In Maple Leaf Foods Inc v Consorzio Del Prosciutto Di Parma (2009 FC 1035, 15th October 2009) the Federal Court of Canada dismissed an application for judicial review of a notice for the adoption and use of an official mark.
The advertisement of a notice for the adoption and use of an official mark in Canada is considered to be the registrar's decision. A party has 30 days from the advertisement of such notice to seek judicial review by the Federal Court.
Several years ago Maple Leaf Foods Inc sought judicial review of a notice requested by Consorzio Del Prosciutto Di Parma pursuant to Subparagraph 9(1)(n)(iii) of the Trademarks Act for the adoption and use of the trademark PARMA (and ducal crown design) as an official mark in Canada. The mark was advertised on 11th February 1998. The registrar of trademarks was satisfied that Consorzio was a public authority within the meaning of the act, in that it was a consortium of approximately 210 Italian ham producers from the province of Parma, Italy, known to meet strict quality controls and production standards set by the consortium.
On 9th April 1998 Maple Leaf appealed the notice to the Federal Court. It argued that the consortium was not a public authority and that the notice was of no force and effect. A decision was rendered on 28th November 2000 wherein the court held that Maple Leaf had no standing to appeal the notice as it was not a party to the proceedings before the registrar. However, the unavailability of an appeal did not serve to bar Maple Leaf from making an application for an extension of time to file a judicial review application or to make a motion to convert its appeal to a judicial review. On 20th December 2000 Maple Leaf moved for an order granting it leave to convert its appeal into a judicial review and for an extension of time to file a notice of application. However, on 25th April 2002 Maple Leaf discontinued its appeal and never brought its motion to convert back on for hearing.
Ten years after the notice was given and seven years after the Federal Court’s decision, Maple Leaf commenced an application for judicial review. It was during this period of time that the interpretation of the term "public authority" under Section 9(1)(n)(iii) of the act was altered to read as follows: “A public authority must be under the control of the Canadian government; a party under the control of a foreign government does not qualify as a public authority under Section 9 of the Act” (Canada Post Corp v United States Postal Services ((2005) 47 CPR (4th) 117 (FCTD), affirmed (2007) 54 CPR (4th) 121 (FCA)), leave to appeal to the Supreme Court denied). Maple Leaf wrote to the registrar, requesting the withdrawal of the notice. The registrar stated that it did not have authority, after giving public notice of the adoption and use of an official mark by a public authority, to withdraw or reconsider a decision to give public notice of adoption and use of the official mark. Any remedy would be within the Federal Court’s jurisdiction. This response prompted the present application for judicial review of the notice.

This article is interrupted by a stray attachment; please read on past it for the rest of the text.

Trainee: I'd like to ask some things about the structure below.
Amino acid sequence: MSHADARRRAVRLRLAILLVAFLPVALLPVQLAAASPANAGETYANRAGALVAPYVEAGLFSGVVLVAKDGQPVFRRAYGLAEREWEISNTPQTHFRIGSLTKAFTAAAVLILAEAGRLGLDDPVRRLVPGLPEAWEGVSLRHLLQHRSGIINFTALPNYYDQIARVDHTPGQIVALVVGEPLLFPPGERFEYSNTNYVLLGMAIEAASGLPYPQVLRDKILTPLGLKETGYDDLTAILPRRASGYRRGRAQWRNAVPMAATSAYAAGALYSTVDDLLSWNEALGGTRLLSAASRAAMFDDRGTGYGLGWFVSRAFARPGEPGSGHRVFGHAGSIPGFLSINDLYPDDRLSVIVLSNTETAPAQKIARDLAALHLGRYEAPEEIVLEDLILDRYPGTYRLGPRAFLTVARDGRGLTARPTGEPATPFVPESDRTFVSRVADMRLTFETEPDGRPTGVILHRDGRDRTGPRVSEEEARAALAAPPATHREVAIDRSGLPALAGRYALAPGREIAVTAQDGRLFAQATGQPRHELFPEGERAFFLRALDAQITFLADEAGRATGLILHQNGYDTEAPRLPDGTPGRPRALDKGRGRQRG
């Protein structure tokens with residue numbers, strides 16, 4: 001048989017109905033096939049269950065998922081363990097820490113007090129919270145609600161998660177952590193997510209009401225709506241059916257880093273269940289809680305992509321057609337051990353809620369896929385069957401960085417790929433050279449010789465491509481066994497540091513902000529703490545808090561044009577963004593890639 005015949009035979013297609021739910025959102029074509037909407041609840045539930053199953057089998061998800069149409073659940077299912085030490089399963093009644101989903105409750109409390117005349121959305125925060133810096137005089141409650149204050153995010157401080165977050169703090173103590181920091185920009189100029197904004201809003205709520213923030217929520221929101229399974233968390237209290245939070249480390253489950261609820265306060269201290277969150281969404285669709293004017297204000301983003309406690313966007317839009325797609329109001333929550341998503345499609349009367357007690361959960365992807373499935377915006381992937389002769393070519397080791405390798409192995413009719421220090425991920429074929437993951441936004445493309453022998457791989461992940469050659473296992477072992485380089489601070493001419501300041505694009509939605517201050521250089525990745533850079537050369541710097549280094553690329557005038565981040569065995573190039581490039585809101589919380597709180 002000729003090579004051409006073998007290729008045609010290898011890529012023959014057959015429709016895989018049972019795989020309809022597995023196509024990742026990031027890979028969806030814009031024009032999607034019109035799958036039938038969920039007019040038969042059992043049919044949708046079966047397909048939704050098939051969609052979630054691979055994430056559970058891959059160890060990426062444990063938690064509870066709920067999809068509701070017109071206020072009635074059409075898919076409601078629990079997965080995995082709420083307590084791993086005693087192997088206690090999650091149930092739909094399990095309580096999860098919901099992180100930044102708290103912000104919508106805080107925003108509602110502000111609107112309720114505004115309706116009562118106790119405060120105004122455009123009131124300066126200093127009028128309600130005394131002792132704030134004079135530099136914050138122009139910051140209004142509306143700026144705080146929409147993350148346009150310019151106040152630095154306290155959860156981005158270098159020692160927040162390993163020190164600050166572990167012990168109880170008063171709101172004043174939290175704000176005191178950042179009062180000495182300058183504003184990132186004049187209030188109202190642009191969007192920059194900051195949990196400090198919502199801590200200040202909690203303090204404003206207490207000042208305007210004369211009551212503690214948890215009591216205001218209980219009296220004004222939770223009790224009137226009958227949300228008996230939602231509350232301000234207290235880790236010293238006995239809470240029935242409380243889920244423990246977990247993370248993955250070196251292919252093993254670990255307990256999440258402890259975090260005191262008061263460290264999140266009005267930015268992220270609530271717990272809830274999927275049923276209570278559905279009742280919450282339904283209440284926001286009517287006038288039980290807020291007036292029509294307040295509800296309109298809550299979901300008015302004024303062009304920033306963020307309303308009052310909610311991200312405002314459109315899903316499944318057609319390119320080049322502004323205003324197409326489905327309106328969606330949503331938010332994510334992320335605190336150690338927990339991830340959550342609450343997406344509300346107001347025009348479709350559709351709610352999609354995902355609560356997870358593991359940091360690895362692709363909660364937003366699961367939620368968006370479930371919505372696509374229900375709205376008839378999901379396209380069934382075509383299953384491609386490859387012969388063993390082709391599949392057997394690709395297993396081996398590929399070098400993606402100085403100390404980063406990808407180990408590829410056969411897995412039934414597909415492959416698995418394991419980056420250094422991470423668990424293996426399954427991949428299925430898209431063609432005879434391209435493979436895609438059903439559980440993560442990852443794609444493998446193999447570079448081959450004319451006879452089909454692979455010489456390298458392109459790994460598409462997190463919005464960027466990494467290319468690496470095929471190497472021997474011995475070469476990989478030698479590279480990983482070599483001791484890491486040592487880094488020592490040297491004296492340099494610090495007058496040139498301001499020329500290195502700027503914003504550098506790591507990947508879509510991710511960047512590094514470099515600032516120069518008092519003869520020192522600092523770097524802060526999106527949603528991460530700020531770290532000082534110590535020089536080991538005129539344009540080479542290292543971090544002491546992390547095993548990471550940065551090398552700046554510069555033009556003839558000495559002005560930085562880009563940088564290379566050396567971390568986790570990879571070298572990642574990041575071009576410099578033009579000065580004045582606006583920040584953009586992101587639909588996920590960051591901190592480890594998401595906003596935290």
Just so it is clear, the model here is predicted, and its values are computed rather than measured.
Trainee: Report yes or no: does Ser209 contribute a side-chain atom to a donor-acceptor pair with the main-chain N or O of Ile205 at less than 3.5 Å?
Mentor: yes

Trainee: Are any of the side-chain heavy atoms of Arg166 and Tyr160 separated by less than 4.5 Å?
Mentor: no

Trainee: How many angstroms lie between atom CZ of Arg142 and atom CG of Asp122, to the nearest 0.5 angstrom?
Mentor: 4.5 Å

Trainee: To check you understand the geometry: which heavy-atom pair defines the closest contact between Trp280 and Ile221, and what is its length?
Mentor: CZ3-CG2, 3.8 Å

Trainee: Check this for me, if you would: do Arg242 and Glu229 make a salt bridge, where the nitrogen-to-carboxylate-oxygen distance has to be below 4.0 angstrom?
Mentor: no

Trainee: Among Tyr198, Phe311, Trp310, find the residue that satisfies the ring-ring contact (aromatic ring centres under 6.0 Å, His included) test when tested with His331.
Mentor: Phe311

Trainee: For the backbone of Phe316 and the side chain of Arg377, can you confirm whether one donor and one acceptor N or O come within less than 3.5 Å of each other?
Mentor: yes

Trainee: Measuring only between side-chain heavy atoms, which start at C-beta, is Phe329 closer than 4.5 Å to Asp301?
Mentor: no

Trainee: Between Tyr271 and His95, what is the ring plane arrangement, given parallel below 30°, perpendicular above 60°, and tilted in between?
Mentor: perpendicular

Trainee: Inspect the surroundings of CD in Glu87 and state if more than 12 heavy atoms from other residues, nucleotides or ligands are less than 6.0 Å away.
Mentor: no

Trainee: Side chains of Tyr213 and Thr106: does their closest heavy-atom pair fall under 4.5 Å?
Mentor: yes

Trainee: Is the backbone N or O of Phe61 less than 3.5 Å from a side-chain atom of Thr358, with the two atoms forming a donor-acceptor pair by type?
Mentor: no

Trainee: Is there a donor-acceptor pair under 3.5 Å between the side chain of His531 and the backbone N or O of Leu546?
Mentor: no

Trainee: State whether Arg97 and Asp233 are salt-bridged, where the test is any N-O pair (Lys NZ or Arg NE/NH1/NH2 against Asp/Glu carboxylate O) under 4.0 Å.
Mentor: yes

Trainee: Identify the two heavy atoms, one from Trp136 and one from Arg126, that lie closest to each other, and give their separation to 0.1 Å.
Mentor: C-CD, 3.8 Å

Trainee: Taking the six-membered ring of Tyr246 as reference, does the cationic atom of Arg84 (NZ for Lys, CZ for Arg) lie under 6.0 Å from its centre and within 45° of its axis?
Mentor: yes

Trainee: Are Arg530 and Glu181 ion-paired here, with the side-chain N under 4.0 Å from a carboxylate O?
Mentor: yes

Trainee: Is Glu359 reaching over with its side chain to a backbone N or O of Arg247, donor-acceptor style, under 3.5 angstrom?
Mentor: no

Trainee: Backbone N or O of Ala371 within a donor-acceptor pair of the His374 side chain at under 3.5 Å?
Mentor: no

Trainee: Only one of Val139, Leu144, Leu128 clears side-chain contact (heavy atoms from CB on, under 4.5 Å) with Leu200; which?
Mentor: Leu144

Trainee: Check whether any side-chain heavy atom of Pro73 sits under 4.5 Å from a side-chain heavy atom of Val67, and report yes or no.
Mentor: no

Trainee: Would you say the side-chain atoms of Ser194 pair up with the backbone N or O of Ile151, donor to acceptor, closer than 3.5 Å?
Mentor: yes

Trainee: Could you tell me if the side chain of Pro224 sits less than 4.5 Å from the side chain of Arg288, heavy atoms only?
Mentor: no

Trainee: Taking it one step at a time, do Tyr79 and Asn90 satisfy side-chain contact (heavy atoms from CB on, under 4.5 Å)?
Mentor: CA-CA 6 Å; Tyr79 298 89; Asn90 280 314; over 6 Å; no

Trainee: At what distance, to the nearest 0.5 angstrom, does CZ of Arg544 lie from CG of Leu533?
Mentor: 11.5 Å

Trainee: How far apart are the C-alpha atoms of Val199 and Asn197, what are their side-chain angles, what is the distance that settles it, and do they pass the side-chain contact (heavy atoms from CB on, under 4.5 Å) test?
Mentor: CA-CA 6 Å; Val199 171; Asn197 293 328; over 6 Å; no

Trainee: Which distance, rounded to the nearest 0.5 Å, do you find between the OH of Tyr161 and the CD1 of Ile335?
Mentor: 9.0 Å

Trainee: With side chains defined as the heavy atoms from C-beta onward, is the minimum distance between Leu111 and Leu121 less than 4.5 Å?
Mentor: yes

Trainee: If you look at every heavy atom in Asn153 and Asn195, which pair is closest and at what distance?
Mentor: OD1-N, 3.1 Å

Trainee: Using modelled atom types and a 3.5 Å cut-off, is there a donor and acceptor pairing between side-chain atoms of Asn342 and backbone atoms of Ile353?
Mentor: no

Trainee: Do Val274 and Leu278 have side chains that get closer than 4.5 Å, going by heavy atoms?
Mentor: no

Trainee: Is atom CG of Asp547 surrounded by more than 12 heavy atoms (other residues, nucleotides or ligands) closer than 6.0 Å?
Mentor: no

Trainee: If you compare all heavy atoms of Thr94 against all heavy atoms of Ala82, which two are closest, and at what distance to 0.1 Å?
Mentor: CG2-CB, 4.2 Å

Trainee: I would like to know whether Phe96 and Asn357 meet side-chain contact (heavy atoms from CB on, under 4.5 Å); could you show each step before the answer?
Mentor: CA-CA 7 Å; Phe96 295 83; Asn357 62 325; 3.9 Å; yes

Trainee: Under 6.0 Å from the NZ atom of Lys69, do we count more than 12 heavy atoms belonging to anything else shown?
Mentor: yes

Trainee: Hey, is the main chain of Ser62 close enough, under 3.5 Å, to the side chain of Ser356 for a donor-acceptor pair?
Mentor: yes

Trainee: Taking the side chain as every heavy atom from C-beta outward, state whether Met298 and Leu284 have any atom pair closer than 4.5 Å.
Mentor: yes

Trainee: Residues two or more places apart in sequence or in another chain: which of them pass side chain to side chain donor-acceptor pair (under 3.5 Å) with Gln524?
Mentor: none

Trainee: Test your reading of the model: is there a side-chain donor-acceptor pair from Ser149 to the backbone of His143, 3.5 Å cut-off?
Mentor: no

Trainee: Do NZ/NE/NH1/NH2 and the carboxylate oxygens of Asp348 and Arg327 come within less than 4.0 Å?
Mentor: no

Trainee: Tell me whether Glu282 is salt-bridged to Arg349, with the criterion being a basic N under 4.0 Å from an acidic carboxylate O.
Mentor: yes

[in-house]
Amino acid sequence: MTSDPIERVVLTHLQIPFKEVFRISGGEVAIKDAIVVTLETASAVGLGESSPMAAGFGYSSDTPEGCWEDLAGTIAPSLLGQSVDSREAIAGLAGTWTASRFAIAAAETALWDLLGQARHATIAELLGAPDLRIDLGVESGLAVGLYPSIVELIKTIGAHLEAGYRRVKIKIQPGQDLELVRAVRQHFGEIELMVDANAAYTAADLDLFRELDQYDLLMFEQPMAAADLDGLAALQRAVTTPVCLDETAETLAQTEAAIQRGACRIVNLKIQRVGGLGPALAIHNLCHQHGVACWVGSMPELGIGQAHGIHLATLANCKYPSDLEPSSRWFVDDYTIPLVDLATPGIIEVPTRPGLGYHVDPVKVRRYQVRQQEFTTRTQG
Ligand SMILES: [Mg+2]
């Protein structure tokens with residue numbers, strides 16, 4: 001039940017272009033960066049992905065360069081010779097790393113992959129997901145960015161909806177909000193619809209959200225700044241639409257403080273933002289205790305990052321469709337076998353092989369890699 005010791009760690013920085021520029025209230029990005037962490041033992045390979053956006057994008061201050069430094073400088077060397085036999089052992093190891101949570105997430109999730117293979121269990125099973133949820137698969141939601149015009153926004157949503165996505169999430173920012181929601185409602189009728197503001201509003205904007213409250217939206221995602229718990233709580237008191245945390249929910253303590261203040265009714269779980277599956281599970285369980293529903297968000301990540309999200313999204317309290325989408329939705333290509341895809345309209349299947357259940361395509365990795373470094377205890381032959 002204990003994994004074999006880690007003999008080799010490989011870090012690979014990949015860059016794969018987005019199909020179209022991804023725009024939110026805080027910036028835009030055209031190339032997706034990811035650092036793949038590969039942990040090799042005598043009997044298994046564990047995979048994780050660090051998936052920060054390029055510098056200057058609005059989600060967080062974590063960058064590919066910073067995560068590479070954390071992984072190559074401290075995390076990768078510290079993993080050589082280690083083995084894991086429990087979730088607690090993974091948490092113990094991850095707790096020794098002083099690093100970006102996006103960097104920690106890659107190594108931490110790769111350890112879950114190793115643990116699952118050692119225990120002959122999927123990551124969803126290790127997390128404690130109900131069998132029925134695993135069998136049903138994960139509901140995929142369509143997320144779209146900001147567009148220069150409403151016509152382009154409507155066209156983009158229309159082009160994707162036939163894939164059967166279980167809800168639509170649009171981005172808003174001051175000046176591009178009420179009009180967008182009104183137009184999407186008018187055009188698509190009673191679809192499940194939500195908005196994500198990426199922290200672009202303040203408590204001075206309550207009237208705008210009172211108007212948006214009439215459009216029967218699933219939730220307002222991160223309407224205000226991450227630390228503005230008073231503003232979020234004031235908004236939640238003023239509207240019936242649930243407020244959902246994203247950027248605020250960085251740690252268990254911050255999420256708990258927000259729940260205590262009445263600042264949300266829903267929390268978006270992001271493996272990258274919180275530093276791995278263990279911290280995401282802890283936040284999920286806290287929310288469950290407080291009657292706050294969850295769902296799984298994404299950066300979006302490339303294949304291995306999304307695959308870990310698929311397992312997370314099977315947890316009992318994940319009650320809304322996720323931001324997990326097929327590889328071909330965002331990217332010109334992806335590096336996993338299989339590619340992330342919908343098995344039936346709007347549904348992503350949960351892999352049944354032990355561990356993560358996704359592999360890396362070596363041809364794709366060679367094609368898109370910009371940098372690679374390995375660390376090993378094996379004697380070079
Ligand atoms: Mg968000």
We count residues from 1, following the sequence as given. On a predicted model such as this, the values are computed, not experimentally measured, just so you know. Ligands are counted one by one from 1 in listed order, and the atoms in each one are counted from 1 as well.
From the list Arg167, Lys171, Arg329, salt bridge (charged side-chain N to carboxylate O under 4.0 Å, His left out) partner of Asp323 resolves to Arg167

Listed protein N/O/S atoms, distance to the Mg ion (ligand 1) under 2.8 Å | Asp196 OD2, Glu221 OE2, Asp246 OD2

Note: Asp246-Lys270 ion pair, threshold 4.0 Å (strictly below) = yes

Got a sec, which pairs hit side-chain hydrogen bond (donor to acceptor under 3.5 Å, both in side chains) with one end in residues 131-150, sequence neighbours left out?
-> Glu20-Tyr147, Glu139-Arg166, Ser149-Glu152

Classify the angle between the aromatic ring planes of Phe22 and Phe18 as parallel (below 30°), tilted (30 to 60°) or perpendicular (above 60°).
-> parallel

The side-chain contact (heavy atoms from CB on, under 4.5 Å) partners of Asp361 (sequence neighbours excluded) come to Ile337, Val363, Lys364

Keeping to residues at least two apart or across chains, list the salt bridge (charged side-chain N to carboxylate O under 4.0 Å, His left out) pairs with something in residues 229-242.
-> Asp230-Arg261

Maple Leaf argued that the limitations under Section 18(1)(2) of the Federal Courts Act do not apply in cases in which an application for judicial review is sought where an order of mandamus, prohibition or declaratory relief for redress against a state of affairs is continuing and ongoing, and is alleged to be invalid or unlawful. The court disagreed. The notice, and not the registrar’s conduct, was the subject of the application for judicial review. Therefore, Maple Leaf had 30 days from the notice of an official mark to seek judicial review. Maple Leaf was obliged to seek an extension of time, which it did not.
Lastly, the court commented on the doctrine of abuse of process. It stated that this:
“process is applied to preserve the integrity of the court’s process and procedure, and to prevent parties from conducting themselves in a manner which would bring the administration of justice into disrepute.”
Maple Leaf abandoned its appeal by a written request, and abandoned its motion to convert by failing to bring this application on for hearing after being granted an adjournment. Since Maple Leaf chose not to proceed with a motion to convert, the merits of Maple Leaf’s claim that the notice was invalid because a public authority under the act had to be Canadian should have been decided, but it was not. As such, the court held that the current application for judicial review of the notice was an abuse of process. The application was dismissed with costs.
This article first appeared in IAM magazine. For further information please visit www.iam-magazine.com
This article appeared in World Trademark Review Daily, published by The IP Media Group (www.worldtrademarkreview.com).